NEW PALESTINE — Officials with the Town of New Palestine are in the process of approving an increase to their Tax Increment Financing (TIF) area know as the “New Palestine Economic Development Area.” A TIF area subsidizes by refunding or diverting some taxes, or consumer-paid taxes, to pay for redevelopment in a TIF district.
While the measure passed two town commissions, as well as the New Palestine Town Council vote late last week, the declaratory amendment resolution must still come before the town’s Redevelopment Commission meets for a final vote since that board will govern the funds. During that vote, which is expected in the new year, officials say community residents will have an opportunity to voice their opinion about expanding the TIF area.
The TIF area was created by the town’s council in 2016 and expanded in 2019. The declaratory amendment resolution calls for another expansion to include property at the northeast corner of U.S. 52 and CR South 600W.
The expansion area would add land northeast of the current allocation area and would include the land where Needlers, Taco Bell, Fifth Third Bank and several undeveloped parcels are located. The land goes back to where the railroad tracks are located on the north and from 600W going to the creek just east of Needlers.
The expansion only calls for collecting increment taxes on new development going forward and not current tax dollars collected. Nor does the expansion call for any special bonding for business development.
Throughout the voting process, which included passage through the redevelopment and planning commissions as well as the town’s council, there was only one vote against the idea, which came from Planning Commission member Eric Kropp.
However, officials from the Community School Corporation of Southern Hancock County did express serious concerns about increasing the TIF area since the district relies heavily on tax dollars to pay for school funding.
Southern Hancock Superintendent Lisa Lantrip.
Superintendent Lisa Lantrip, who is a part of the Redevelopment Commission representing the school district but does not have a vote on the RDC, is concerned. She let town officials know the district’s issues at the meeting and via a letter prior to the meeting, which she sent to all voting commissions and the council.
In the letter, Lantrip expressed significant concerns regarding an expansion of the TIF area and stated further expansion of the current TIF may cause significant financial strain to the school district.
“Schools are funded in two main ways,” Lantrip said. “The main source of funding is from state tuition support, which comes from the number of students enrolled in our corporation; additionally, schools receive property tax dollars for operational expenses, which include running our school buses, utilities and maintenance expenses.”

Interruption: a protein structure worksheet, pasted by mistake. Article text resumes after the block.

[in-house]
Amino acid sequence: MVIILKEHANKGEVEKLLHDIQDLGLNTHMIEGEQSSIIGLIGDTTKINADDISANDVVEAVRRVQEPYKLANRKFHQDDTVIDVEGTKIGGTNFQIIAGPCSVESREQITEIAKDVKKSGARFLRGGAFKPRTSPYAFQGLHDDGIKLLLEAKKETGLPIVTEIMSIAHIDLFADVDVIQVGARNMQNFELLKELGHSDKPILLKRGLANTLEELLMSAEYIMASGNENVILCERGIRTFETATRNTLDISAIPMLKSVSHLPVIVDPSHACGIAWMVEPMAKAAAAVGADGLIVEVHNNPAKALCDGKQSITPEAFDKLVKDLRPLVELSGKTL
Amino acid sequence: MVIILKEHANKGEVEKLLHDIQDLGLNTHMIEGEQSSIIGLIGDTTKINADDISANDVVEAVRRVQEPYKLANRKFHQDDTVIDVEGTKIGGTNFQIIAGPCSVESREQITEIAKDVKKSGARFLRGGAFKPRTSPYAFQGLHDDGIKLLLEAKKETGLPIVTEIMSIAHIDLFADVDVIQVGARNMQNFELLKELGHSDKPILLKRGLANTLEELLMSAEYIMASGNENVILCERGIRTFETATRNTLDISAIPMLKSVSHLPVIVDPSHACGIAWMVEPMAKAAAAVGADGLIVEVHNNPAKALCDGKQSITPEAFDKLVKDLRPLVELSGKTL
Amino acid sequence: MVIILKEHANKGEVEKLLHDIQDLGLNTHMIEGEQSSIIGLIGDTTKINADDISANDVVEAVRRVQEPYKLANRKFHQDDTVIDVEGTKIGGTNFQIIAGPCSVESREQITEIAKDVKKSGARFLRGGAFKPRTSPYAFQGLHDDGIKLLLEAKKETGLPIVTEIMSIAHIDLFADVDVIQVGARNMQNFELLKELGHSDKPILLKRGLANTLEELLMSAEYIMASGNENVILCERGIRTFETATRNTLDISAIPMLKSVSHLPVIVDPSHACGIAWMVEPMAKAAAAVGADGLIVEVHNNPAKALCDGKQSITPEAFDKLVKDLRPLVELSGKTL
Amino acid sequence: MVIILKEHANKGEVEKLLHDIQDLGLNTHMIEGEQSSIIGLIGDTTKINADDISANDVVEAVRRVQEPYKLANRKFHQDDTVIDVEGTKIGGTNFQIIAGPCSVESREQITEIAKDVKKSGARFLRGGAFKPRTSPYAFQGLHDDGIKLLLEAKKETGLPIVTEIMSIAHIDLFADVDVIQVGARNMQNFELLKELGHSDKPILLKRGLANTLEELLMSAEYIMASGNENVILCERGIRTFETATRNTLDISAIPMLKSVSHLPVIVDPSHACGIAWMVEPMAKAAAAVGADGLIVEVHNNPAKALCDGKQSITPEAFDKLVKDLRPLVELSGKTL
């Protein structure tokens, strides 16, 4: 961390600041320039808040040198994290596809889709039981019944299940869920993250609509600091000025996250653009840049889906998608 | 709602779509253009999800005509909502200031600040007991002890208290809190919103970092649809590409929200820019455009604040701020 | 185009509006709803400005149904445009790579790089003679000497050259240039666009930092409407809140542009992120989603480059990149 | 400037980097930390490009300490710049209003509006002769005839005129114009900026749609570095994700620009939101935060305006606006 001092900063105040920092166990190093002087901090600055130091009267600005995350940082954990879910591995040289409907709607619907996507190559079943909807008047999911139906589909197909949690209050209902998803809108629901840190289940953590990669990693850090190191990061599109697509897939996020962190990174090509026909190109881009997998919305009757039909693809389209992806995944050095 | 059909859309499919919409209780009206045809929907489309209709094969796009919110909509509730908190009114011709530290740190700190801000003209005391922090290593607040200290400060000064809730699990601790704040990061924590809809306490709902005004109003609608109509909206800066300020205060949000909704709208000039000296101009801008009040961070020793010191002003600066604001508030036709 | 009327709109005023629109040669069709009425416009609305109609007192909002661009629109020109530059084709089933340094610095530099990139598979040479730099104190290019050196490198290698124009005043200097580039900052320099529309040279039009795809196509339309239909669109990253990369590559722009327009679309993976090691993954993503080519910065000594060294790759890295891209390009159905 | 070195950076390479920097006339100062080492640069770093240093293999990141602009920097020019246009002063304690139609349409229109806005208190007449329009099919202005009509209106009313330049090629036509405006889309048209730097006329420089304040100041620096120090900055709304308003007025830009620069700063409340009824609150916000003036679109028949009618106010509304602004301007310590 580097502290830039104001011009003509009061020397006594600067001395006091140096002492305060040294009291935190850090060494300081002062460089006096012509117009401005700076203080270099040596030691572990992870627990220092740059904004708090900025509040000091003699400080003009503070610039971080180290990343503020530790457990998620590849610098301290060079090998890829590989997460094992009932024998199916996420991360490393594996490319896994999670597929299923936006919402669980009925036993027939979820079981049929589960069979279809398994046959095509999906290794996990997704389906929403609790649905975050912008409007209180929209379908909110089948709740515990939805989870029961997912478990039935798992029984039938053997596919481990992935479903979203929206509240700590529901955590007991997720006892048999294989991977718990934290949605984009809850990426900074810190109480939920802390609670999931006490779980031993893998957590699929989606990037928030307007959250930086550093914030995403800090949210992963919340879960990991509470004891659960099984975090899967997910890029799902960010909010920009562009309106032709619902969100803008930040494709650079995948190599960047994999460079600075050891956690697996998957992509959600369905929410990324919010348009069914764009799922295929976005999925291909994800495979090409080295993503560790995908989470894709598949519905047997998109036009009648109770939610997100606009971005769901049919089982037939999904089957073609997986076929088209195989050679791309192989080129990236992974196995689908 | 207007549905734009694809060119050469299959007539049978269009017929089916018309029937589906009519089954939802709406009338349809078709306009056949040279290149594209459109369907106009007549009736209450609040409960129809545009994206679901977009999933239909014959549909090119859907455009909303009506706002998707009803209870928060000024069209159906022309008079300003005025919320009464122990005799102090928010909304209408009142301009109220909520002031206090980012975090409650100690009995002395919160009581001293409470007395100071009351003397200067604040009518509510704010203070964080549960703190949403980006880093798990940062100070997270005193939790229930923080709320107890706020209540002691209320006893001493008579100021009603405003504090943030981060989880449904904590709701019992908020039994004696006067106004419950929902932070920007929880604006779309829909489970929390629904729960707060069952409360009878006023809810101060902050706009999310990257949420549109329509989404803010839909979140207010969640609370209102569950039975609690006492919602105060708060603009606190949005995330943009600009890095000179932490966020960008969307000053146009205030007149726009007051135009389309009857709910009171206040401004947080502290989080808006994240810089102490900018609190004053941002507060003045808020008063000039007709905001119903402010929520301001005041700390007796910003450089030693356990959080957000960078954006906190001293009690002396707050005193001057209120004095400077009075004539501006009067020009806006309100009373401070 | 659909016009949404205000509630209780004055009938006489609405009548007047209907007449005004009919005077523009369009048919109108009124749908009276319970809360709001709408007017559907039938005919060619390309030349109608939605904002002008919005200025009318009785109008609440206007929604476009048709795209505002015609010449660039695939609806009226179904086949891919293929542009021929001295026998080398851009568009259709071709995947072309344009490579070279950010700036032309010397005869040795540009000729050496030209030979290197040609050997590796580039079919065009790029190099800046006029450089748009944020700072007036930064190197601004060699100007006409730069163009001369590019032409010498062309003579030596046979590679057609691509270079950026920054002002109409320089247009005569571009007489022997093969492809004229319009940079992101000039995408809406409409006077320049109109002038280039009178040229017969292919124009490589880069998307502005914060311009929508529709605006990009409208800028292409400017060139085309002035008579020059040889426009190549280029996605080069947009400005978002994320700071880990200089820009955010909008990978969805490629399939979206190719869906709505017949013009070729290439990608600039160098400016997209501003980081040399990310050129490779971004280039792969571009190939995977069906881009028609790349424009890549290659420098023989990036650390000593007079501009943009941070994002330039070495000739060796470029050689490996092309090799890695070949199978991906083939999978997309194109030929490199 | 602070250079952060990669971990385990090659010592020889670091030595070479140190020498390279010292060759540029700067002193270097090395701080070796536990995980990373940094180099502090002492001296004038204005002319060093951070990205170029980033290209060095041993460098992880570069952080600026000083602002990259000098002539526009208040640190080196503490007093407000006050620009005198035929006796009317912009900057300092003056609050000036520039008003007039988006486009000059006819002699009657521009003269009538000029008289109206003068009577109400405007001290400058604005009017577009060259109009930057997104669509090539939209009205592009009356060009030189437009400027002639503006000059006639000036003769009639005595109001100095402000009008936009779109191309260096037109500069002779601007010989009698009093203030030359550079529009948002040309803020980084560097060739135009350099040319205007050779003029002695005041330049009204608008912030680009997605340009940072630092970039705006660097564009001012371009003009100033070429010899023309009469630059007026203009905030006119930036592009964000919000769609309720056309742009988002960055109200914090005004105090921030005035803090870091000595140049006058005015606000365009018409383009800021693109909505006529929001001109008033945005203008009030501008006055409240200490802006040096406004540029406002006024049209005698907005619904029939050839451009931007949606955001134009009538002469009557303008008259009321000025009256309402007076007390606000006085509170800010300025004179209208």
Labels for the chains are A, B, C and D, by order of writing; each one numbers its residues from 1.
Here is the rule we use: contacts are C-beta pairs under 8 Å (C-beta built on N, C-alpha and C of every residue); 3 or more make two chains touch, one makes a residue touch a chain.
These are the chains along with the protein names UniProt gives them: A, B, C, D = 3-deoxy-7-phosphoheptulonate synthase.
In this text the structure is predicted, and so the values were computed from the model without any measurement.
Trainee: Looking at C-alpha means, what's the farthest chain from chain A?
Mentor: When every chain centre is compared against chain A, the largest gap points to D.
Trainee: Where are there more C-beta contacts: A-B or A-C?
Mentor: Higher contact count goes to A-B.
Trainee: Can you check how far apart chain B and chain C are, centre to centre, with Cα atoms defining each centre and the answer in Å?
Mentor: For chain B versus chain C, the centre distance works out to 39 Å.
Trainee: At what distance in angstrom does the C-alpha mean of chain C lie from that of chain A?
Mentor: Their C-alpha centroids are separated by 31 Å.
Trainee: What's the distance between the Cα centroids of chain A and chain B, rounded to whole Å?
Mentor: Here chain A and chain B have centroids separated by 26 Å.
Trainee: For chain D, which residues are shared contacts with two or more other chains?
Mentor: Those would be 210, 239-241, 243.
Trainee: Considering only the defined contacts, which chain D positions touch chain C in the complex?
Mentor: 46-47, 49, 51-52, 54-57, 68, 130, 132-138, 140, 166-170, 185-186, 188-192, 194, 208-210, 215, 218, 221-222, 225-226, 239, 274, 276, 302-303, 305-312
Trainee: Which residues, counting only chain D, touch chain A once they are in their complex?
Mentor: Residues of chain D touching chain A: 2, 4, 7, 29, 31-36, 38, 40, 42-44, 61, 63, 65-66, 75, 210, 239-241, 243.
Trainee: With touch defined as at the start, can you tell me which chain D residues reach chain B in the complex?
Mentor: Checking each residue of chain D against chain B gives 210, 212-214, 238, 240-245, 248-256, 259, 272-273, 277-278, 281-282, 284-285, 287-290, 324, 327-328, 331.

Lantrip went on to say by increasing the size of the TIF limits how much the assessed value can increase and will limit the amount the district can levy due to property tax caps.
“TIF and TIF expansions put the school corporation in a challenging financial situation,” Lantrip said. “As operational costs increase over time due to inflation and or an economic downtown, our ability to appropriately fund programs may be limited.”
In the future, that could cause the district to reduce transportation services, including the creation of walking areas in the immediate vicinity of their schools. Eventually, the continuation of TIF expansion and the throttling of the area’s assessed value may require the district to be forced to run a referendum to pay increasing operational costs, she warned.
“Any time you TIF, we lose money as do other taxing entities,” Lantrip said.
Town officials noted any of the new taxes collected will go to the Redevelopment Commission and they will determine how the money is spent. Redevelopment Commission member and Council President Bill Niemier noted that officials envision using some of the money to create sidewalks around town leading to district schools and the desire to help school officials as much as they can.
Niemier told Lantrip that Southern Hancock district officials will continue to collect the tax base as they do now, but will however not be able to collect any taxes on improvements or parcel changes.
“Yes, we’ll get the money now, taxes at the current rate, but in five years when the taxes go up again, we don’t capture that,” Lantrip said.
Niemier said they plan to create focus groups to make sure those entities affected by the TIF area can have their voices heard with funds being allocated to those in need if the committees chooses to do so.
“I hope we create a sidewalk system so people can walk from one end of town to the other,” Niemier said. “That benefits everybody.”
Redevelopment Commission member Raven Smathers was cautious about supporting the TIF and noted TIF areas are often created to “spur” development and stated New Palestine doesn’t need any help with that.
“I’ll be honest, It feels like a money grab,” Smathers said.
The town’s financial advisor from O.W. Krohn and Associates noted the expansion of the TIF is designed to benefit public infrastructure — something they currently don’t have spare funds to do.